Preheat your teapot or cup to prevent the water from
cooling too quickly when transferred. Simply add a small amount
of boiling water to the pot or tea up that you’re going to steep the
tea in. Ceramic and porcelain retain heat well. Then cover the pot
or cup with a lid. Add a tea cozy if you have one, or drape with a
towel. Let stand until warm, then pour out the water
Put the tea into an infuser, strainer, or add loose into
the tea pot. Steeping without an infuser or strainer will produce
a more flavorful tea. Start with one heaped teaspoon per cup of
tea, or follow the instructions on the tea package. The robustness
of the flavor can be tweaked by using more or less tea
Add boiling water. Use the correct amount for the amount
of tea you added (i.e. for four teaspoons of tea, add four cups of
water). The ideal water temperature varies based on the type of
tea being steeped:
White or green teas (full leaf): Well below boiling
(170-185°F or 76-85°C). Once the water has been brought to a boil,
remove from heat and let the water cool for about 30 seconds for
white tea and 60 seconds for green tea before pouring it over the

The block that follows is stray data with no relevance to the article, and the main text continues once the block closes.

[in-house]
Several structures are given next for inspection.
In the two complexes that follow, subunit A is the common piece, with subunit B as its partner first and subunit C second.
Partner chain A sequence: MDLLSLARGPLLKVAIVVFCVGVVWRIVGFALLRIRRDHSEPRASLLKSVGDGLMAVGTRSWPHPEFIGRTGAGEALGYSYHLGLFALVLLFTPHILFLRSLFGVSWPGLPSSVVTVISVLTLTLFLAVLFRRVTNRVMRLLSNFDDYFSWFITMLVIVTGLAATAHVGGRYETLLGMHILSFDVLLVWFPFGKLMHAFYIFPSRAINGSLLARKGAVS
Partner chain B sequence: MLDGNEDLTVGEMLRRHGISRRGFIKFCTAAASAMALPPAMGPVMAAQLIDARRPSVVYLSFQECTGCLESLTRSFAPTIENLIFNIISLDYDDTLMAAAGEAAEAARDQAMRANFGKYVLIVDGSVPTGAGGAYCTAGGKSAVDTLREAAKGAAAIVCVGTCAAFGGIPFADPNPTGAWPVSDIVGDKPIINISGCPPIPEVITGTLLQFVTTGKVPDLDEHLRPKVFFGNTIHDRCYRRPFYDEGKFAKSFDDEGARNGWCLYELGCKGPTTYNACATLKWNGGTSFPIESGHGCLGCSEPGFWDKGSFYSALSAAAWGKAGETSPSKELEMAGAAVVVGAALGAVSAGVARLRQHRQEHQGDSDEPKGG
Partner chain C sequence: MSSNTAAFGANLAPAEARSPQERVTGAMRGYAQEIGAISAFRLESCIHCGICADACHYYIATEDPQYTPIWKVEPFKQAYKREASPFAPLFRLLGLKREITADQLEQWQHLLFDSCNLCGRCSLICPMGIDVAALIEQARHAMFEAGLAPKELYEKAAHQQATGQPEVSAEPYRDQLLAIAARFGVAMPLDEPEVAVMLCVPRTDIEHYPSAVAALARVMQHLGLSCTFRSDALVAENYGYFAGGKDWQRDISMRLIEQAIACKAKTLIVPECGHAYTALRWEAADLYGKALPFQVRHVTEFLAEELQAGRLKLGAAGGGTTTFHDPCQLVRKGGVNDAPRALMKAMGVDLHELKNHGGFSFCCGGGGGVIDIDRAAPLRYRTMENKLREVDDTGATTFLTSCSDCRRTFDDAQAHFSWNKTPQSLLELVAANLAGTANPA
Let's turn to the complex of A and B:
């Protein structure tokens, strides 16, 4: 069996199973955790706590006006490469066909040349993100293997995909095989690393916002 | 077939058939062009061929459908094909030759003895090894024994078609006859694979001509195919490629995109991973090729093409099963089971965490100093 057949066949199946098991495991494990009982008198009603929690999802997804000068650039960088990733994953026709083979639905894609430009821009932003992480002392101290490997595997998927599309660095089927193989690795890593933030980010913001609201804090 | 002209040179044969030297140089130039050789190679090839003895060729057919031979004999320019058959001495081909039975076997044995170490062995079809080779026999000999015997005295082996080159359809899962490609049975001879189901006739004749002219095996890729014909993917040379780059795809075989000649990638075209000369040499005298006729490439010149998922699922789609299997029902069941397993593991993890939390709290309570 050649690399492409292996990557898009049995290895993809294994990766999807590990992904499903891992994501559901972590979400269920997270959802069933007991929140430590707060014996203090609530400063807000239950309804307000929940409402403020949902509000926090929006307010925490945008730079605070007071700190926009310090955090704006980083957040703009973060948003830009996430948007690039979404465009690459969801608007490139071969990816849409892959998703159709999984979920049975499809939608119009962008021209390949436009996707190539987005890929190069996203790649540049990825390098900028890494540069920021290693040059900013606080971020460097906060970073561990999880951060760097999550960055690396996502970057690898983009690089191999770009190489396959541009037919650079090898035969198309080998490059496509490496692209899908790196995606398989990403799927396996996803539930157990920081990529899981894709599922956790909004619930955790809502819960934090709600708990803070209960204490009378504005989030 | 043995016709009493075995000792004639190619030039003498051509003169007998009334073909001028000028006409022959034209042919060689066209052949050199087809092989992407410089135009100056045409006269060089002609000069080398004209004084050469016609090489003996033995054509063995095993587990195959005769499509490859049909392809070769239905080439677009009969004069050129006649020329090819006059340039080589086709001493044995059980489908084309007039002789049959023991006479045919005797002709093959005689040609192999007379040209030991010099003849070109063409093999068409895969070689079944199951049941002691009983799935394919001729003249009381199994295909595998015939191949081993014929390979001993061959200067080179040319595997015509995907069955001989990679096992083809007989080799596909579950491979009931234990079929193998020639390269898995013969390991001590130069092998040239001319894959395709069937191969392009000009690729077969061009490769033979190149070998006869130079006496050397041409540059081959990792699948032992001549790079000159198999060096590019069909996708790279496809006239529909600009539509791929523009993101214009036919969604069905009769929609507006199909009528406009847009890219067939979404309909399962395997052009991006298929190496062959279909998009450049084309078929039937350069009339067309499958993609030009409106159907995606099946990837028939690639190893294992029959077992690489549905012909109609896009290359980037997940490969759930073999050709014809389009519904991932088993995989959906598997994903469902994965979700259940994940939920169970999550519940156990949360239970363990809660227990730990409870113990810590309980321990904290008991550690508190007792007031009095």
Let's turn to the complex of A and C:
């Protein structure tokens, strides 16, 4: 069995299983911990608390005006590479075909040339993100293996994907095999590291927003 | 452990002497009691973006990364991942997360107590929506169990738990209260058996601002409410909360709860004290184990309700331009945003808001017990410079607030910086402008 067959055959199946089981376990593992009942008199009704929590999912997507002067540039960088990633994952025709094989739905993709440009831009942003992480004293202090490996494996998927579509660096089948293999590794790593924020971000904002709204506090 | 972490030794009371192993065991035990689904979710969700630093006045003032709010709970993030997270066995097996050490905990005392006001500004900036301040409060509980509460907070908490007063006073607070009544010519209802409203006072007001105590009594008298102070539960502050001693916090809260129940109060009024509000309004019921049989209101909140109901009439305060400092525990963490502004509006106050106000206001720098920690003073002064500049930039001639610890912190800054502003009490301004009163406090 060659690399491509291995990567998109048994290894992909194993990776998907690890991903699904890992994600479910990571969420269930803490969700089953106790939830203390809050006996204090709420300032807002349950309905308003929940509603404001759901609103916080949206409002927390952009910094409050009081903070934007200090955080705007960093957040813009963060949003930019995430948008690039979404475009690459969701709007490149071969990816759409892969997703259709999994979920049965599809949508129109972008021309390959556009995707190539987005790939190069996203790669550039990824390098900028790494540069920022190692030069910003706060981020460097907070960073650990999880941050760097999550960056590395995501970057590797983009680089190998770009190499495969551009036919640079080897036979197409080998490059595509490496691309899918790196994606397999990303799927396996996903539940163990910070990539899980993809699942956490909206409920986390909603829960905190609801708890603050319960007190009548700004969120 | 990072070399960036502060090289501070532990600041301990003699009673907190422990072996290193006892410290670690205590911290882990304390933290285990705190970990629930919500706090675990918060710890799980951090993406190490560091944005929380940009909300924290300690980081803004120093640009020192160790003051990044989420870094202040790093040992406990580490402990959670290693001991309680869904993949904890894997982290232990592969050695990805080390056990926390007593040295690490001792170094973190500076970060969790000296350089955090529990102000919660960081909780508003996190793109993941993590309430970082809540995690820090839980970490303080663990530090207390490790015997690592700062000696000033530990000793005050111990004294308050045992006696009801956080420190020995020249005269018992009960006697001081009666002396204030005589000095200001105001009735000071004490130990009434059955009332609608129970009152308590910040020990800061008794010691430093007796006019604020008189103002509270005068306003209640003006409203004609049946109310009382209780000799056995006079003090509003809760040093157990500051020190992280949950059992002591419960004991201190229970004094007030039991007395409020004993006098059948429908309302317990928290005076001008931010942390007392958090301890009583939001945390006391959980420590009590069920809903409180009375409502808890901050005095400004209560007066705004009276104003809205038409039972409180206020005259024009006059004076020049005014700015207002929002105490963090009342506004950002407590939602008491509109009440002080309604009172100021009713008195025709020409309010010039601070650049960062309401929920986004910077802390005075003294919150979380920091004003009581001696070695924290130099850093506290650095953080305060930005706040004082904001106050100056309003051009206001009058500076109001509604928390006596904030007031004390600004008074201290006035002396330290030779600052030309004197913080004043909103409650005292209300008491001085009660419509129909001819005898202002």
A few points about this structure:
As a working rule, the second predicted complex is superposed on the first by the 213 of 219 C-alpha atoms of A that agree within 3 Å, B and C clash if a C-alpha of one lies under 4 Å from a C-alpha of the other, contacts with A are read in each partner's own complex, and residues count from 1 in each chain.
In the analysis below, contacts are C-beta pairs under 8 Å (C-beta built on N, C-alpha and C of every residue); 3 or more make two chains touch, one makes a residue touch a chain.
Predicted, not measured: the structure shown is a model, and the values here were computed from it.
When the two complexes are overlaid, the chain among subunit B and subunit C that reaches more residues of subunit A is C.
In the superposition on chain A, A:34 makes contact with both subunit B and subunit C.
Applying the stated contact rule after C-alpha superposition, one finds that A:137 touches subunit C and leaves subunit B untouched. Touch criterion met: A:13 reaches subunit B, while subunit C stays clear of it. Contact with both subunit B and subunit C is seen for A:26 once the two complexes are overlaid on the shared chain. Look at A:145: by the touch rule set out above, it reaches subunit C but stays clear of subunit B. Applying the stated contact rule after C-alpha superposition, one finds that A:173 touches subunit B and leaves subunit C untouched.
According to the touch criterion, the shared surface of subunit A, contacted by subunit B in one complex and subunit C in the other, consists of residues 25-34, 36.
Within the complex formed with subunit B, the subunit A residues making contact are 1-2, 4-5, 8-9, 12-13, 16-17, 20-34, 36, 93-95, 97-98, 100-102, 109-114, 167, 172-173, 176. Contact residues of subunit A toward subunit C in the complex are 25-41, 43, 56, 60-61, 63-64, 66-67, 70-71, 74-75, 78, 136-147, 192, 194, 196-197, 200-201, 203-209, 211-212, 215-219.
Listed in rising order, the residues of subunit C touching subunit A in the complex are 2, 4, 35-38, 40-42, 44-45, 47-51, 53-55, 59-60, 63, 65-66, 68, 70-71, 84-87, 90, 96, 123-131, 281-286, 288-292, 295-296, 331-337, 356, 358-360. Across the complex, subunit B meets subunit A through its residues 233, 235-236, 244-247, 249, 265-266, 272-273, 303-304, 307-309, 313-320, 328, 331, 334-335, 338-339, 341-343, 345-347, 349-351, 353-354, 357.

Oolongs (full leaf): 185-210°F or 85-98°C
Black teas (full leaf) and Pu-erhs: Full rolling boil
(212°F or 100°C)
Cover the pot with a cozy or towel and let steep. Follow
steeping instructions on the package. If there are none, here are
some general steeping guidelines. Taste frequently as you want it
to be flavorful but not bitter:
Oolong teas: 4-7 minutes
Black teas: 3-5 minutes
Green teas: 2-3 minutes
Once the desired flavor has been achieved you need to
remove the strainer or infuser. If you're using loose leaves, pour
the tea through a strainer into your cup and any leftover into
another vessel (cover with a cozy to retain the heat)
Thank You Dr. Mercola
God Bless Everyone & God Bless The United States of America.
42 S. Sherwood Dr.
Belton, Tx. 76513